In Advaita however the idea is blatantly refused. Balsekar says, since there is no ego and the idea of an individual person is an illusion, what or who is there to be reincarnated?

Does this mean that the other traditions are wrong or is it a question of understanding, meaning that the people who argue differently do so from a different level of understanding / consciousness? Continue reading

Different Teachings – Q.334

Q: How do you explain two enlightened people (in the advaitic sense) that have different teachings?  For instance, I think someone like Greg Goode and Swami Dayananda would disagree on many things despite both arguably being enlightened. For example let’s take Greg’s essay on idealism (  

 I don’t think Swami Dayananda-ji will agree with the core position that an object doesn’t exist unless perceived.   In fact I have asked Swami Tadatmananda this question (in the form of ‘does a rock exist before someone sees it?’) and he answered in the traditional sense saying that it does.   From your point of view does this still fall under the umbrella of differences in teaching style?    I also believe we could get a debate between the two on the topic of Ishvara and freewill. Continue reading

Kaṭha Upaniṣad Review

The Kaṭhopaniṣad with Śaṅkarabhāṣyam
Based on Swami Paramārthānanda’s lecture
Compiled by Divyajñāna Sarojini Varadarājan

The main teaching of the Kaṭha Upaniṣad is Death’s response to the request by a young seeker, Naciketas, for Self-knowledge. Any serious student of advaita will want to know the answer as this is our own question too: using logic we may well be able to arrive at what we are not, but we still need to know clearly what we are. For this reason this book by Smt. Sarojini Varadarajan, based on Swami Paramarthananda’s traditional unfoldment of the Upaniṣad and Śaṅkara’s commentary theron, is a valuable addition to any seeker’s library.

One way of approaching this Upaniṣad is to note that Naciketas standing at Death’s door (literally) remained steady-minded enough to press his request for Self-knowledge – in spite of Death’s initial resistance to answer. And, by the end of the Upaniṣad, after Death finally gave in to the young man’s request, Naciketas ‘became pure and immortal’. Is it really possible that we can also reach the same point by closely following the teaching that Naciketas hears, especially as we are living lives grounded in fear? Continue reading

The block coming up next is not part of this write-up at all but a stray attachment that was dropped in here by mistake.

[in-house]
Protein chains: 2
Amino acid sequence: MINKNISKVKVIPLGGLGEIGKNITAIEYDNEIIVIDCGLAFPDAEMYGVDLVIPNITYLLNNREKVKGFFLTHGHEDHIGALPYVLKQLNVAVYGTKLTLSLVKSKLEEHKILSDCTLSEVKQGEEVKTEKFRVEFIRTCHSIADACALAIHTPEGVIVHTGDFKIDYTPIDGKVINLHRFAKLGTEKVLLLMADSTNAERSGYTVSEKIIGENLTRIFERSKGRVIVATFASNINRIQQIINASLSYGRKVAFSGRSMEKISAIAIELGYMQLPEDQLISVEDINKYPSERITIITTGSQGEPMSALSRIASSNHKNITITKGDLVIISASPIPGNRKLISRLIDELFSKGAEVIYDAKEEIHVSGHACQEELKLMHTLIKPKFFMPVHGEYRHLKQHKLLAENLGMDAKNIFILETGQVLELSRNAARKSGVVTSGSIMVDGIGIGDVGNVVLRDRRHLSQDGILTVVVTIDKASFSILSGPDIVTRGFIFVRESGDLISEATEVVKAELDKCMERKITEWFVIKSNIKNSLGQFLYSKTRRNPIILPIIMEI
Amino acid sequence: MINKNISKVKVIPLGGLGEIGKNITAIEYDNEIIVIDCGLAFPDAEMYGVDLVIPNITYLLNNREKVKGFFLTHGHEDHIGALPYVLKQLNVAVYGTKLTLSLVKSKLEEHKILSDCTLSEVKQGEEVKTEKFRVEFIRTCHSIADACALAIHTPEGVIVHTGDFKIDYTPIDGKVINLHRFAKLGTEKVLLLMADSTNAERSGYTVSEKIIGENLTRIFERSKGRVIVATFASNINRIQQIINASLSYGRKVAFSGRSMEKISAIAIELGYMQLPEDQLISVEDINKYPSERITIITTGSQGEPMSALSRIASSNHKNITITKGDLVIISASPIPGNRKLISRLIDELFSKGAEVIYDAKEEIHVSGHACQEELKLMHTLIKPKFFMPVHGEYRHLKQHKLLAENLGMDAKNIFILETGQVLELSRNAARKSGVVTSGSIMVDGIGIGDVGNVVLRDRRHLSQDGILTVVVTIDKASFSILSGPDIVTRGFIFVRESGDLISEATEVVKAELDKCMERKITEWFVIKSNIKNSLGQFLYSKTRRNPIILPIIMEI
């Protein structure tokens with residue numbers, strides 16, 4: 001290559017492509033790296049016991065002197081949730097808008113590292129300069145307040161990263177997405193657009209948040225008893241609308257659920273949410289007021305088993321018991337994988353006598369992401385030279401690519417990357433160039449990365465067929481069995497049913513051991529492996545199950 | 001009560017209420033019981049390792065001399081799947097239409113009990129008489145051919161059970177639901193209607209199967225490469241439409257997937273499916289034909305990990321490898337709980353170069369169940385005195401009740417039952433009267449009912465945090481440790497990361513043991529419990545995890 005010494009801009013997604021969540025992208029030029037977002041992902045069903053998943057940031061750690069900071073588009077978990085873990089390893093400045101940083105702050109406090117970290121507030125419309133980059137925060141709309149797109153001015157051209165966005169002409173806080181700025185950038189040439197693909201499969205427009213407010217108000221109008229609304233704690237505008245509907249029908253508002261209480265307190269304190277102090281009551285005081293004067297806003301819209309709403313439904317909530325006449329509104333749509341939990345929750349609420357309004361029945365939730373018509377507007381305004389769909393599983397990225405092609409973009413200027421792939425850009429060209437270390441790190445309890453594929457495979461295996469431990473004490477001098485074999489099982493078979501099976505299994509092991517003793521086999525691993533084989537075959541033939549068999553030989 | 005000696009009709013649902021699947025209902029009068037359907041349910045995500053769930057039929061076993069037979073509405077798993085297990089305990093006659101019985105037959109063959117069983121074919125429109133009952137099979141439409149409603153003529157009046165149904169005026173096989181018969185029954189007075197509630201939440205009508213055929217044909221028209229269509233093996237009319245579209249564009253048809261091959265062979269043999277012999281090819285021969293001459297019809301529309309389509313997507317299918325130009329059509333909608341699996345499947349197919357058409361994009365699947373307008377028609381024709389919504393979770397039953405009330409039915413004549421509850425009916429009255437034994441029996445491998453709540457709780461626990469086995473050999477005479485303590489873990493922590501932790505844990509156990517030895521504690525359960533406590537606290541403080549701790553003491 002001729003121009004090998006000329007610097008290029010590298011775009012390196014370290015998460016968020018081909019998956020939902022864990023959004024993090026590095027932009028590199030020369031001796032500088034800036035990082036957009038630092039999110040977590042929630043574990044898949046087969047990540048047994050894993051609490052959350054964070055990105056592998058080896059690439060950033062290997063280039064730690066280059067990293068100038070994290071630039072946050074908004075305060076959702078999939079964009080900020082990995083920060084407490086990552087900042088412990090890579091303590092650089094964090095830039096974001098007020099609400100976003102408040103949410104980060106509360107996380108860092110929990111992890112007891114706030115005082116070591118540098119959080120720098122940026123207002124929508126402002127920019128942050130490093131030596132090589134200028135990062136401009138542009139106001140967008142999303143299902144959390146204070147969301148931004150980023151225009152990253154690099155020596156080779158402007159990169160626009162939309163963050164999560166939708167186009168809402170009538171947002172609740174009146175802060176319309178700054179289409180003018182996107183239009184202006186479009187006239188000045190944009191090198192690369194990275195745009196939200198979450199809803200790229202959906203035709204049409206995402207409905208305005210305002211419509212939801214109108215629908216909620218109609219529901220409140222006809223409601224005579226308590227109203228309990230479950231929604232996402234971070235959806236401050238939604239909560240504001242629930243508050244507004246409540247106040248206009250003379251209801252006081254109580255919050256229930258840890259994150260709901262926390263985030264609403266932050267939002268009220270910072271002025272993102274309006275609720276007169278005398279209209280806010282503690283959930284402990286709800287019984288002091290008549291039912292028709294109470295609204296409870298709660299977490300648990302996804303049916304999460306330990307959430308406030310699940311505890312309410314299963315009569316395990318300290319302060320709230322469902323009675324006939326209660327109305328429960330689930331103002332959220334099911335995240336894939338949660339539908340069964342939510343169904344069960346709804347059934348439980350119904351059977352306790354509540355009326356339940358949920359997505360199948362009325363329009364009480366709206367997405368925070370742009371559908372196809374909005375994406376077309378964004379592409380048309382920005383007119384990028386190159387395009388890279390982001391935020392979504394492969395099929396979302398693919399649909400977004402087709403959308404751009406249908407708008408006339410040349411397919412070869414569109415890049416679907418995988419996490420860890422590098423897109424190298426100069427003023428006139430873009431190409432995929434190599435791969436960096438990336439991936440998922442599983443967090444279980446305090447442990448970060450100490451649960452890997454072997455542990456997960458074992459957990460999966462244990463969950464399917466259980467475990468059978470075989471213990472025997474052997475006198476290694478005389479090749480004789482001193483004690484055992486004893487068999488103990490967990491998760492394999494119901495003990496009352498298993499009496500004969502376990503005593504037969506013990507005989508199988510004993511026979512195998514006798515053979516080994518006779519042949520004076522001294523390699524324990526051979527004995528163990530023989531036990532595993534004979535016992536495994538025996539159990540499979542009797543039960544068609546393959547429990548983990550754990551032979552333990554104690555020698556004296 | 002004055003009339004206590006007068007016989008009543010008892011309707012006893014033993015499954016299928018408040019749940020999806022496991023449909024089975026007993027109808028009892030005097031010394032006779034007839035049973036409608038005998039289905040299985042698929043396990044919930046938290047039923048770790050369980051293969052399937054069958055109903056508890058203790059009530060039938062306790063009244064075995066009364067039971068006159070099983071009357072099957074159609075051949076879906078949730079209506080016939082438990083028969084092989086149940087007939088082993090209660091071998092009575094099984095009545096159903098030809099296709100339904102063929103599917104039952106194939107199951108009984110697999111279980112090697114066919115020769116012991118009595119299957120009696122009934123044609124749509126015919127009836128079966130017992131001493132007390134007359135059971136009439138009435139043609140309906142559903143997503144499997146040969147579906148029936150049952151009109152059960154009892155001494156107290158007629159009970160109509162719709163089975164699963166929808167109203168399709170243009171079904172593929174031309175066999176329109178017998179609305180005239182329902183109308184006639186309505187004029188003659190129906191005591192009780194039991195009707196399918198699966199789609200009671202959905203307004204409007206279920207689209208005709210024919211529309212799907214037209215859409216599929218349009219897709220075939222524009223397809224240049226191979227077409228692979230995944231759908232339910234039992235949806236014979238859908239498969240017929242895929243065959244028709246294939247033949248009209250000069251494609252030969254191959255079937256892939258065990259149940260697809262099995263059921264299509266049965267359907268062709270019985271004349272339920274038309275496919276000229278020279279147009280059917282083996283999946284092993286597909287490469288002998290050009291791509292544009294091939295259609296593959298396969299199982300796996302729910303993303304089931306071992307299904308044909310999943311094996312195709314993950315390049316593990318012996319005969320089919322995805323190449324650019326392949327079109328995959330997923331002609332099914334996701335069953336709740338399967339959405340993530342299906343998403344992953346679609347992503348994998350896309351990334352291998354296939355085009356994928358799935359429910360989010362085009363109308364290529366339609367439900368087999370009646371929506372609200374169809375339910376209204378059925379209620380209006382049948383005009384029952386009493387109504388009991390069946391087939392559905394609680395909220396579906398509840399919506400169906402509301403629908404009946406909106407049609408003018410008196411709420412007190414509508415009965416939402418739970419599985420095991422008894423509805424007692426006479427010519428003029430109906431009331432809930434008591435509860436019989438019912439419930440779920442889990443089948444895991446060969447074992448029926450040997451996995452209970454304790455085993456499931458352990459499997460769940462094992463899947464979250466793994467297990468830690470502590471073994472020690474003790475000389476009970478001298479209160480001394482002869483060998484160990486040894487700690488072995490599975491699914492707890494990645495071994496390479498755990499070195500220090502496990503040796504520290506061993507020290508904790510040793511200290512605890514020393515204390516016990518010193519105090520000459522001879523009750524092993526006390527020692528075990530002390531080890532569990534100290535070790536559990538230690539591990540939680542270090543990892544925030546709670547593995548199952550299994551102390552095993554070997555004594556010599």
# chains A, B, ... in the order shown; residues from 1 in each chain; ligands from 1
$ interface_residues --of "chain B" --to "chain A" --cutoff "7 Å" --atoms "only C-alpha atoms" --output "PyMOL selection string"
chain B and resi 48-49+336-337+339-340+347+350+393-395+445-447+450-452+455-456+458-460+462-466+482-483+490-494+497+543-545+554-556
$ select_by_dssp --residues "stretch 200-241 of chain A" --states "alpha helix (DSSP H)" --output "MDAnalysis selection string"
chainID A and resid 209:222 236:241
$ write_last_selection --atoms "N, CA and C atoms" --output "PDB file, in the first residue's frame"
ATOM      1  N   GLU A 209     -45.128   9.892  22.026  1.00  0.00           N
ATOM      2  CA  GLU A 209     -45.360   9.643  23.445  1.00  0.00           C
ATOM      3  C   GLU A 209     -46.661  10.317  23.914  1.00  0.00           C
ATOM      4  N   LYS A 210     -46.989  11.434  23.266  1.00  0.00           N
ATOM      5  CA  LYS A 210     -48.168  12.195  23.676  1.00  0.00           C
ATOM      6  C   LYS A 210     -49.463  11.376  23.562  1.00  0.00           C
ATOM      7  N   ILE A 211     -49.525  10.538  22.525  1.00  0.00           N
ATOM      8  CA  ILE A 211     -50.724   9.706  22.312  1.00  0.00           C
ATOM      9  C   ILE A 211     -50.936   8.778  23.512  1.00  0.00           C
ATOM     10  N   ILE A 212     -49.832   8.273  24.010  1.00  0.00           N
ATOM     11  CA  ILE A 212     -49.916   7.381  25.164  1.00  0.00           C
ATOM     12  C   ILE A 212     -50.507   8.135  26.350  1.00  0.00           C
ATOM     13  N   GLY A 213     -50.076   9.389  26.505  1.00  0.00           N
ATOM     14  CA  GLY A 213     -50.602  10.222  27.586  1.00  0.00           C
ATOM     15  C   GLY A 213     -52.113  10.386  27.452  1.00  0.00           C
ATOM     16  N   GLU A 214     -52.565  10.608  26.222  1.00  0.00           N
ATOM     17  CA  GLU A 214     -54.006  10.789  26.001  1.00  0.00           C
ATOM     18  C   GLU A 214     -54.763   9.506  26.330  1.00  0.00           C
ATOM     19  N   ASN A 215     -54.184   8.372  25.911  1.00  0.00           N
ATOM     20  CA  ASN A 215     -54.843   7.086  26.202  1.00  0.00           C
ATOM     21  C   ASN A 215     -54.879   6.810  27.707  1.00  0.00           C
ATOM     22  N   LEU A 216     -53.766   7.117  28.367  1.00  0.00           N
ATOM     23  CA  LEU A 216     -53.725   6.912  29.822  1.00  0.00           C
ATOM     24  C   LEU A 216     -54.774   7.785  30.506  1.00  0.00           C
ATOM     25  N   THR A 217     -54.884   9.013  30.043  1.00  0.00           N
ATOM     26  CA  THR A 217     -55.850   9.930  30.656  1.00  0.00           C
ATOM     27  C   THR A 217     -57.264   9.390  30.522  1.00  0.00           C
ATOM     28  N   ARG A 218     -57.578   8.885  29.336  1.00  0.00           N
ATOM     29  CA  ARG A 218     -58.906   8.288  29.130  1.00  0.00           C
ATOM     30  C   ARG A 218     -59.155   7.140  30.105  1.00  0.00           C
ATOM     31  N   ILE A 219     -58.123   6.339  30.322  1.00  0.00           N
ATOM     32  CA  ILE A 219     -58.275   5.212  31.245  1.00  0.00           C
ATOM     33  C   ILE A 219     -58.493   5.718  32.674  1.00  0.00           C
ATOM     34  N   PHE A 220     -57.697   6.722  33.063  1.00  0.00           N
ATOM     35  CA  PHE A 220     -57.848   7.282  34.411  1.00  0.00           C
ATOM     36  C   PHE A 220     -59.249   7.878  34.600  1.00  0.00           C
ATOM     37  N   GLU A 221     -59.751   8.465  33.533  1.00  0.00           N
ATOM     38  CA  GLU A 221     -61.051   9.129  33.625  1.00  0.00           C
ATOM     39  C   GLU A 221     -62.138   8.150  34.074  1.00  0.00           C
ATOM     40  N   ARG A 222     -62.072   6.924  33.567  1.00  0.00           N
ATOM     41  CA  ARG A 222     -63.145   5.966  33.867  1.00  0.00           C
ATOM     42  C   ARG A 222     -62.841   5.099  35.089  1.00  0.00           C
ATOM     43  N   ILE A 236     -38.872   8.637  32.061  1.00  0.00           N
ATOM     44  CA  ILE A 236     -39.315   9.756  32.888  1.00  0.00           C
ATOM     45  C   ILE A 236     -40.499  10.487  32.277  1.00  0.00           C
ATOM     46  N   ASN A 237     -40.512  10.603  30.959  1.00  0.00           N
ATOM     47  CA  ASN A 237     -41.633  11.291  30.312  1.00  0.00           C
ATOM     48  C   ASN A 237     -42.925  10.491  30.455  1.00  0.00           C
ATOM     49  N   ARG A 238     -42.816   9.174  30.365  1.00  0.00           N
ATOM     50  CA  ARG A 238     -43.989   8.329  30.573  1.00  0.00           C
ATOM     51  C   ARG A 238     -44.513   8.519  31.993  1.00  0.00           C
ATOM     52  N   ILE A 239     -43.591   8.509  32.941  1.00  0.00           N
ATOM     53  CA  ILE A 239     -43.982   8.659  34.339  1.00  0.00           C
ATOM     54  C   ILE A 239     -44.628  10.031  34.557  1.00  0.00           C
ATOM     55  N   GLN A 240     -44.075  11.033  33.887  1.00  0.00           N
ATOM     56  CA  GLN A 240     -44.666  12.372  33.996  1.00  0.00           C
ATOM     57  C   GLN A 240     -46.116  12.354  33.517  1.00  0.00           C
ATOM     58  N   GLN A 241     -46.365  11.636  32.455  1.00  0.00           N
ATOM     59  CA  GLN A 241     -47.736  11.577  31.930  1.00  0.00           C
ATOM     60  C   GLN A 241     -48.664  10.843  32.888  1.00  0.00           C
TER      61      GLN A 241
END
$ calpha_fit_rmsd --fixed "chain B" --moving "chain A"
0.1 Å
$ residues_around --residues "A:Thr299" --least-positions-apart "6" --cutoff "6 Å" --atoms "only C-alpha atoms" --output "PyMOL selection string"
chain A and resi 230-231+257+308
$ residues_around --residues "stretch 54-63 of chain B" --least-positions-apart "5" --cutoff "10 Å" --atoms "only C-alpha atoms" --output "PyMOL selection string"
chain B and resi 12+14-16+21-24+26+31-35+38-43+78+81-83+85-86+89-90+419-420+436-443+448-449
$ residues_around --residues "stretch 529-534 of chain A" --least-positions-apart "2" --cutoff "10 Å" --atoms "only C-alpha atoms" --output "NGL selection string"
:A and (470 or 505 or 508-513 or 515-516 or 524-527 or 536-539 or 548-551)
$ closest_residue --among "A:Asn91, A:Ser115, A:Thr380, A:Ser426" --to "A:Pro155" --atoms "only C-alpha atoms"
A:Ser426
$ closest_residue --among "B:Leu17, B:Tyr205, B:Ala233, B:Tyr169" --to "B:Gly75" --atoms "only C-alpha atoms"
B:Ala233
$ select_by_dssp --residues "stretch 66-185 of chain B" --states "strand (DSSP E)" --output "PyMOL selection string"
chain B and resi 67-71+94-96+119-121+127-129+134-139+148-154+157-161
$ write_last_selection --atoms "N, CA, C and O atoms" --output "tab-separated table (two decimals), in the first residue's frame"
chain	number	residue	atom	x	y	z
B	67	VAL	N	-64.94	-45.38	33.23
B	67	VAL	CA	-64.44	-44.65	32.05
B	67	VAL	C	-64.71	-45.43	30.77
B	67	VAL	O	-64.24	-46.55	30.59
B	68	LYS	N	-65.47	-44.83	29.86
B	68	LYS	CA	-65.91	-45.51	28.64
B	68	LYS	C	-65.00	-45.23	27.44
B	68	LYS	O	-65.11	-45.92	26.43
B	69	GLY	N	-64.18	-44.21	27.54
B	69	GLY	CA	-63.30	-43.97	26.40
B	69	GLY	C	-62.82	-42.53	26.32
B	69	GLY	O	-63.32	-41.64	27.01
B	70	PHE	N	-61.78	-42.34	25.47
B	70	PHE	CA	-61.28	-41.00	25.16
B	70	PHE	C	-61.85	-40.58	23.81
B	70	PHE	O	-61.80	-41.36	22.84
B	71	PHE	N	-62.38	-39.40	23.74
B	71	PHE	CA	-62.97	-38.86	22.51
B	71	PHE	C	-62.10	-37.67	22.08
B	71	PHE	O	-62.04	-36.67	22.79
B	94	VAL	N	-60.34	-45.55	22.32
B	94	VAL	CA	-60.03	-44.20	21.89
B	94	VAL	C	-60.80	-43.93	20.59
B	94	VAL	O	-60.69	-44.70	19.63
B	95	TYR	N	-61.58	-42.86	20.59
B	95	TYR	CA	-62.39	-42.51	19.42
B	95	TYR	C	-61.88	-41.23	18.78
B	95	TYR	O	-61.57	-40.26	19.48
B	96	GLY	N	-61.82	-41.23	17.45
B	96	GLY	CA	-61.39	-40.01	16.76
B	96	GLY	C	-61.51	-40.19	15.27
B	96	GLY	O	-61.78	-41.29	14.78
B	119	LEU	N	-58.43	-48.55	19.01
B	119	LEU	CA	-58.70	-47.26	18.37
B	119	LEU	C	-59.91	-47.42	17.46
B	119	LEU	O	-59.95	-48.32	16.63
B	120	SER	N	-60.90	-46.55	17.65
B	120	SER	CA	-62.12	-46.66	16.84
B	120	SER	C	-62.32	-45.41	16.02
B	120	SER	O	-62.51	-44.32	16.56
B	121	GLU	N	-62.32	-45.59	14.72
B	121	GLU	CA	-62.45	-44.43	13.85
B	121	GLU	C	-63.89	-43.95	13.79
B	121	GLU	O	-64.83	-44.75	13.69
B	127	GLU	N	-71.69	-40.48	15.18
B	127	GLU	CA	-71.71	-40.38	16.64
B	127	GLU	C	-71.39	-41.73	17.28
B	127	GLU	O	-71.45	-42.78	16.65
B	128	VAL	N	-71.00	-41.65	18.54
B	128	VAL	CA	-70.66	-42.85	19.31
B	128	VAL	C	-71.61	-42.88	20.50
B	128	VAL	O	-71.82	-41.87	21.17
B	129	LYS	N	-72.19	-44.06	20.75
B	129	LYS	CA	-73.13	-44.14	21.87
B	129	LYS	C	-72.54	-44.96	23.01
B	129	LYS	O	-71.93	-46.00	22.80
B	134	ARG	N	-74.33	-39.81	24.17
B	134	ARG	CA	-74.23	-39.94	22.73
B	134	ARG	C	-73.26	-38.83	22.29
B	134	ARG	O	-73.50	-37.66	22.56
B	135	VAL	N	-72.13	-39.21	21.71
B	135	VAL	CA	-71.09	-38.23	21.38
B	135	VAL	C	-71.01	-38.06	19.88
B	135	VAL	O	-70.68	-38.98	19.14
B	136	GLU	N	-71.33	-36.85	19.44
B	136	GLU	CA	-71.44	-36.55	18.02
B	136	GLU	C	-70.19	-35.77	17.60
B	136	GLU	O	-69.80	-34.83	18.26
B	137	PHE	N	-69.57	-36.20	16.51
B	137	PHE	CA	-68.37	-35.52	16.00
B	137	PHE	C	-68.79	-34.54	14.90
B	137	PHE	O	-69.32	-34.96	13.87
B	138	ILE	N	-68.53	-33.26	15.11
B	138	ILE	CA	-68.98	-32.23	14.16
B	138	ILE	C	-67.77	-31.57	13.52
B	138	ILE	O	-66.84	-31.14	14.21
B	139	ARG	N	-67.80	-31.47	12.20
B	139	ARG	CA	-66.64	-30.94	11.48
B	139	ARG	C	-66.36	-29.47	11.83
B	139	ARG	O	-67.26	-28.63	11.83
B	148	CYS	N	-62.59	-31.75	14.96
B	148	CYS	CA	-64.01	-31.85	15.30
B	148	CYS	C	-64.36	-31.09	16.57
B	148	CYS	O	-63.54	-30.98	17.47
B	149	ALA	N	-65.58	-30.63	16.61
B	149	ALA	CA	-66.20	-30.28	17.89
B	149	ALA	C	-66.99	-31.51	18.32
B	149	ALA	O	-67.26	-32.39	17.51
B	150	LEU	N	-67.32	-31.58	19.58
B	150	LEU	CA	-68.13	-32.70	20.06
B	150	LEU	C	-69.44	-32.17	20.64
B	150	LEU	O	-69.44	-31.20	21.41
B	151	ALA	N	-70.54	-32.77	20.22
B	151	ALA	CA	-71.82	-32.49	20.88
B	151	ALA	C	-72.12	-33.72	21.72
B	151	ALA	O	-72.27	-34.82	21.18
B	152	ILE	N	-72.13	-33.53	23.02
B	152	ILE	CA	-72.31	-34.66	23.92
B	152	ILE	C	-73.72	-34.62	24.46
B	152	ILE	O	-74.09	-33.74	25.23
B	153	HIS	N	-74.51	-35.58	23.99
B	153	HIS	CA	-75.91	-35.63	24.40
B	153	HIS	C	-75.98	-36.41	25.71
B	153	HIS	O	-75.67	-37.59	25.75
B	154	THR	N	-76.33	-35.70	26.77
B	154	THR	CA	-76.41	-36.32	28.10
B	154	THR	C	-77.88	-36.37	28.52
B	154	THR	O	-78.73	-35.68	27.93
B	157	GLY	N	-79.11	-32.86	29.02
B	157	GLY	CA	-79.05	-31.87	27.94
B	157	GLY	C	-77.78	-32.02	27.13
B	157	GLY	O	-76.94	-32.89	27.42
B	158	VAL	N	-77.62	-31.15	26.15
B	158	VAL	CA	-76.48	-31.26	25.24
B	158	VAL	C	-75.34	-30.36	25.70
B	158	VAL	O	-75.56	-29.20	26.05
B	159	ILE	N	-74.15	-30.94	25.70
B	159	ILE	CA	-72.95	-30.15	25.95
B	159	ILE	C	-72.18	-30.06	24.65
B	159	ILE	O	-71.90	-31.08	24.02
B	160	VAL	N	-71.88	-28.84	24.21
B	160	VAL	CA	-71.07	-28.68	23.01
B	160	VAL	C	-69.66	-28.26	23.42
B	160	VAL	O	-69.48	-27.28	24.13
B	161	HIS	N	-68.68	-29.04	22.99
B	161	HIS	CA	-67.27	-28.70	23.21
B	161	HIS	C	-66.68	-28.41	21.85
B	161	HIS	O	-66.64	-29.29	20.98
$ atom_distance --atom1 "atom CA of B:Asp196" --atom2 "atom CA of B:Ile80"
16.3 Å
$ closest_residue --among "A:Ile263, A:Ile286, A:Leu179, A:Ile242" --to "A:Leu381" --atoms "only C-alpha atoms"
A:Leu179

Does practice make any difference? (Q. 315)

Q. Dennis–I have read your books( and appreciate them) and many books and tapes from many teachers on advaita and “neoadvaita” .  There have been glimpses and experiencing here in the last 15 years  resulting in much lightness in this life. The real freedom came when it was realized there was no more need to “decide” “who to listen to or follow” and “I” have followed them all.   I have one question which seems to separate your views from Parsons yet he, you and the others all state that “the bottom line is “nothing matters”  and whether or not an apparent person “gains” self knowledge makes not the slightest difference to reality-oneness.  The question is this: 

If the truth is ultimately only oneness always present, what difference does it make whether “I” as a separate individual meditates or doesn’t, “prepares myself for awakening or doesn’t etc, etc or does whatever “I” thinks it is doing??.  If I rob a store which seems to be out of the nature of this ‘I’,  why do you( or the traditional Advaita scriptures) say this is “dangerous” if not prepared??.  Whatever apparently  happens is going to apparently happen anyway with no “doing” by “me”  The freedom here has come from having intuitive trust and let life guide. Continue reading

What is traditional advaita?

My teacher is a teacher of traditional advaita. I believe she is the only such teacher in the UK, if not in Europe. Some might look at what she teaches – Gita, Upaniṣads, Prakaraṇa Granthas (philosophical treatise) and stotras (devotional hymns) – and believe that they too, not only follow traditional advaita (because they too read these texts), but also have an additional, and arguably more powerful, key in the form of meditation or yoga or other such practice. Despite the surface similarity, however, I stick to my opening claim and will attempt to open up clear blue water between the teacher of traditional advaita simply by making clear what is mean by ‘traditional advaita’.

Two words set apart the traditional approach to teaching advaita from all others: sampradāya and pramāna.

Sampradāya is the established approach to unfolding the vision of Vedanta transmitted from one teacher to another. It is the traditional interpretation with a traceable lineage of teachers. Continue reading